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Volume 22 No. 3
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Realignment Winners

Photo: getty images

Utah and TCU

These former Mountain West rivals elevated into the power five during the last round of realignment — TCU in the Big 12, Utah in the Pac-12 — and have flourished with new facilities, highly successful coaches who have stuck around and the kind of staying power that indicates TCU and Utah will be factors in their conferences for a long time. They are two of the best examples of how schools can jump up in competition yet still maintain their winning ways. TCU has a .633 football winning percentage since joining the Big 12 in 2012; Utah has won at a .614 clip as a member of the Pac-12 since 2011. 


Going back to the 2000s, no conference has been more active in expansion than the ACC. Commissioner John Swofford had two goals by growing the conference’s membership: improve football and prepare the league to start its own channel. The ACC has posted solid wins on both fronts. Led by Clemson and Florida State, the ACC has changed its profile from a basketball conference to more of a balanced league that’s capable of competing with the nation’s best in football. Even though Notre Dame isn’t a full-fledged member in football, as part of its ACC membership in other sports the Fighting Irish agreed to play at least five ACC teams each season, further enhancing the league’s football brand. The ACC Network, meanwhile, is scheduled to launch in August, and Swofford is confident that revenue from the channel will close the financial gap with the SEC and Big Ten, if distribution goes well. 

Photo: getty images

Chris Del Conte

Texas’ energetic athletic director emerged as one of the best and brightest administrators in the business earlier this decade when he ran the program at TCU. First, Del Conte engineered the Horned Frogs’ move from the Mountain West to the Big East. In a matter of months, Syracuse and Pittsburgh departed for the ACC, severely weakening the Big East. So, Del Conte pivoted and negotiated TCU into an even better situation — the Big 12. When the Longhorns had an opening at AD late last year, UT President Greg Fenves talked to just one candidate and the deal was done for Del Conte to be the new boss at Texas. He continues to be among the most respected ADs in the country for his creativity and tenacious fundraising.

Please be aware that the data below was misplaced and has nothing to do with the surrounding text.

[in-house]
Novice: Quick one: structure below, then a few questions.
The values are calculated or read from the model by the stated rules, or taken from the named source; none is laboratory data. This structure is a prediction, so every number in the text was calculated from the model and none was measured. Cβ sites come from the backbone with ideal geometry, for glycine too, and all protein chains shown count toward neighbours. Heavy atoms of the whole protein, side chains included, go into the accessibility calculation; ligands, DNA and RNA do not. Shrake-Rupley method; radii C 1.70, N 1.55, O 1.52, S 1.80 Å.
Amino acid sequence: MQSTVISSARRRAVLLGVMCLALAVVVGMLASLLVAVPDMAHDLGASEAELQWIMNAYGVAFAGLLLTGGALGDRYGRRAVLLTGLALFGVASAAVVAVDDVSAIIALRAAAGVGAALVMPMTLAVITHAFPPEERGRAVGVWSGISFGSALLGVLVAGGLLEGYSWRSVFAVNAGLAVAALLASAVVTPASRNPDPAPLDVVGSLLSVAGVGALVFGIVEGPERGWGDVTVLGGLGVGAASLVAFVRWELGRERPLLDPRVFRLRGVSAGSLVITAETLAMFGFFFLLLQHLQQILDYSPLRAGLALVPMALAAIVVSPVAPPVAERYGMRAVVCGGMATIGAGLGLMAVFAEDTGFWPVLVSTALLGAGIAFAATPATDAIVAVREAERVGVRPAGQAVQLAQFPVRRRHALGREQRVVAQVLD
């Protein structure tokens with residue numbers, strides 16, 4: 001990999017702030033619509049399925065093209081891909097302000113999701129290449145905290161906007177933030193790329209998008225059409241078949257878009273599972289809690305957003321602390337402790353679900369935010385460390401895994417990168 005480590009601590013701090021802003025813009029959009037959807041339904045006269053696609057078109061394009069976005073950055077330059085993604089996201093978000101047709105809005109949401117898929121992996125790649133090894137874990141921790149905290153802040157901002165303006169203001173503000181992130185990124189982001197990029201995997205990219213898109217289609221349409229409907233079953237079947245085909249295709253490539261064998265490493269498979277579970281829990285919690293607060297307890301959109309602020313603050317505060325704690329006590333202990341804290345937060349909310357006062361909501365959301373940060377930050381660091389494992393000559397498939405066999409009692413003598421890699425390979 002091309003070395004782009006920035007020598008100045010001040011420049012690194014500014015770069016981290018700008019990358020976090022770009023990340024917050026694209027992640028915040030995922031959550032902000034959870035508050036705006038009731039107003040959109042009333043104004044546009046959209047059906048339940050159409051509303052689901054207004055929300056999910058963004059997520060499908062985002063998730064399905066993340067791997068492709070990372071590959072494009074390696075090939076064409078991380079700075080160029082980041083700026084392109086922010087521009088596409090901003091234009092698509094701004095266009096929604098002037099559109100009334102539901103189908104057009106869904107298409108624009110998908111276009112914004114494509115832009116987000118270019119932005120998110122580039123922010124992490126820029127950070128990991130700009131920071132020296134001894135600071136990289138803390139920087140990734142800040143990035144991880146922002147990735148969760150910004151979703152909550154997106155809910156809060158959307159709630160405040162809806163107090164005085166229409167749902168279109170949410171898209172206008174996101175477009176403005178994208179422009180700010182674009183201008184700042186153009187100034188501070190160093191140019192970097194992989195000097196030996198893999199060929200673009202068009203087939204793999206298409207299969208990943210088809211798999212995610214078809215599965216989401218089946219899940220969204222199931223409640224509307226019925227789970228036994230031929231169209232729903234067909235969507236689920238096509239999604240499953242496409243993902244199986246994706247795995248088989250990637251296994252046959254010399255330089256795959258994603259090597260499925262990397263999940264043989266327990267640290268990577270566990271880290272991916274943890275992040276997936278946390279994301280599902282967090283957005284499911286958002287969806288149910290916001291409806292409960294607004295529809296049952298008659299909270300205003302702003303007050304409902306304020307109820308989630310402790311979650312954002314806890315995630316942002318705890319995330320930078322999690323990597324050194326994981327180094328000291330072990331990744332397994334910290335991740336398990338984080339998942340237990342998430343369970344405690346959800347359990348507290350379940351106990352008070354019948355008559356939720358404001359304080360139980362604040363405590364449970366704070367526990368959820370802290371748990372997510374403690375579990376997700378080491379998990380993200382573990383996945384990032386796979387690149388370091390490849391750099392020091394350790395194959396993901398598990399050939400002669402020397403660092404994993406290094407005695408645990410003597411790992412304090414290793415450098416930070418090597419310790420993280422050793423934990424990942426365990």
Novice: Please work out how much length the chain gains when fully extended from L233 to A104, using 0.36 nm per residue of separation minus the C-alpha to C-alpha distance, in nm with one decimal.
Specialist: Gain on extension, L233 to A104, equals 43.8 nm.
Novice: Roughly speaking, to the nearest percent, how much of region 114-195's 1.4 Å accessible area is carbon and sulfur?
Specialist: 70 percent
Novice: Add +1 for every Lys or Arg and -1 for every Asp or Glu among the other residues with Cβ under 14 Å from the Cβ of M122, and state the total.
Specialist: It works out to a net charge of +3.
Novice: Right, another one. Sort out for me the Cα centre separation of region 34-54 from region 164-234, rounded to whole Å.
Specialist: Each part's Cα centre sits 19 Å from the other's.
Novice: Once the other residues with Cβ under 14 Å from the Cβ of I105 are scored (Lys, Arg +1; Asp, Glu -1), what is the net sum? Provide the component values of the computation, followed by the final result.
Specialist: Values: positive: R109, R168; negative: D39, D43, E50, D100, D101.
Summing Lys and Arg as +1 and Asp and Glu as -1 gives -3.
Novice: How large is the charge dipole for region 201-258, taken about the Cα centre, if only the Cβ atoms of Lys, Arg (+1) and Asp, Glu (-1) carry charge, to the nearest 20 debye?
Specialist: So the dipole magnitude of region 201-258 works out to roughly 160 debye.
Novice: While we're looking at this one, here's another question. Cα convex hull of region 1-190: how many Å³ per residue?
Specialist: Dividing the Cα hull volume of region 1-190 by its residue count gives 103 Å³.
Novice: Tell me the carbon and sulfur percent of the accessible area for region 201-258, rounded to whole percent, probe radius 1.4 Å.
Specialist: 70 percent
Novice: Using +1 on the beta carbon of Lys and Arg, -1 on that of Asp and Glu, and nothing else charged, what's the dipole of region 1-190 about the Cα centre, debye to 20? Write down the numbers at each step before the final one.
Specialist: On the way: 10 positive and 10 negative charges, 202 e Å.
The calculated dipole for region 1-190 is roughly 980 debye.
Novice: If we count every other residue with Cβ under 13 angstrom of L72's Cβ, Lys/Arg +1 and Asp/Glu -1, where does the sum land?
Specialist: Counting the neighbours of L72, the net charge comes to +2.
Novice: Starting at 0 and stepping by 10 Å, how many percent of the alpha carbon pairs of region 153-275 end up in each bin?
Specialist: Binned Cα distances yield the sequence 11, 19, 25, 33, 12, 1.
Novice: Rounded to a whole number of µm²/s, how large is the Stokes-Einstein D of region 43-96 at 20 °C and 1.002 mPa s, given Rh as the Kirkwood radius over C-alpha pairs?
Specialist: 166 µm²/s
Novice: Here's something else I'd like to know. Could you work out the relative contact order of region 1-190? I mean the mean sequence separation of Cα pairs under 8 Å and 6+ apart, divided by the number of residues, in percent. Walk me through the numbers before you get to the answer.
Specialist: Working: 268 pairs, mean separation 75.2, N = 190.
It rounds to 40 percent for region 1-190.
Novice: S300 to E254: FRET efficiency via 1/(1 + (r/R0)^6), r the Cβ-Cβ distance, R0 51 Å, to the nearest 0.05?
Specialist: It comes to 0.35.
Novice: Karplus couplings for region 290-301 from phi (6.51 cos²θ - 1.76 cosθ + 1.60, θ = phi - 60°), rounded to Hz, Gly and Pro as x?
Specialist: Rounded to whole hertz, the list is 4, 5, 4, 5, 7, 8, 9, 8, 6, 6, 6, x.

Texas and Oklahoma

Sometimes the best move can be doing nothing. Texas and Oklahoma explored a leap to the Pac-12 before ultimately deciding to stay put. That enabled the Longhorns to keep their TV network and the Sooners to maintain their media rights deal with Fox. And by staying, Texas and Oklahoma kept the Big 12 viable at 10 schools. The conference may decide to expand one day, but Commissioner Bob Bowlsby has at the very least stabilized its membership and finances. The challenge will be growing the Big 12’s revenue with its next media contract. 

Big East

This conference was left for dead until the old-school Big East members rolled the dice that they could make it as a basketball league. The gamble paid off handsomely, with Villanova winning two of the last three national championships and the Big East hitting a home run with its media rights deal with Fox. One of the greatest testaments to the strength of the Big East is the way new members Butler, Creighton and Xavier have flourished in their new digs. The Big East clearly has established itself as one of the power conferences in basketball.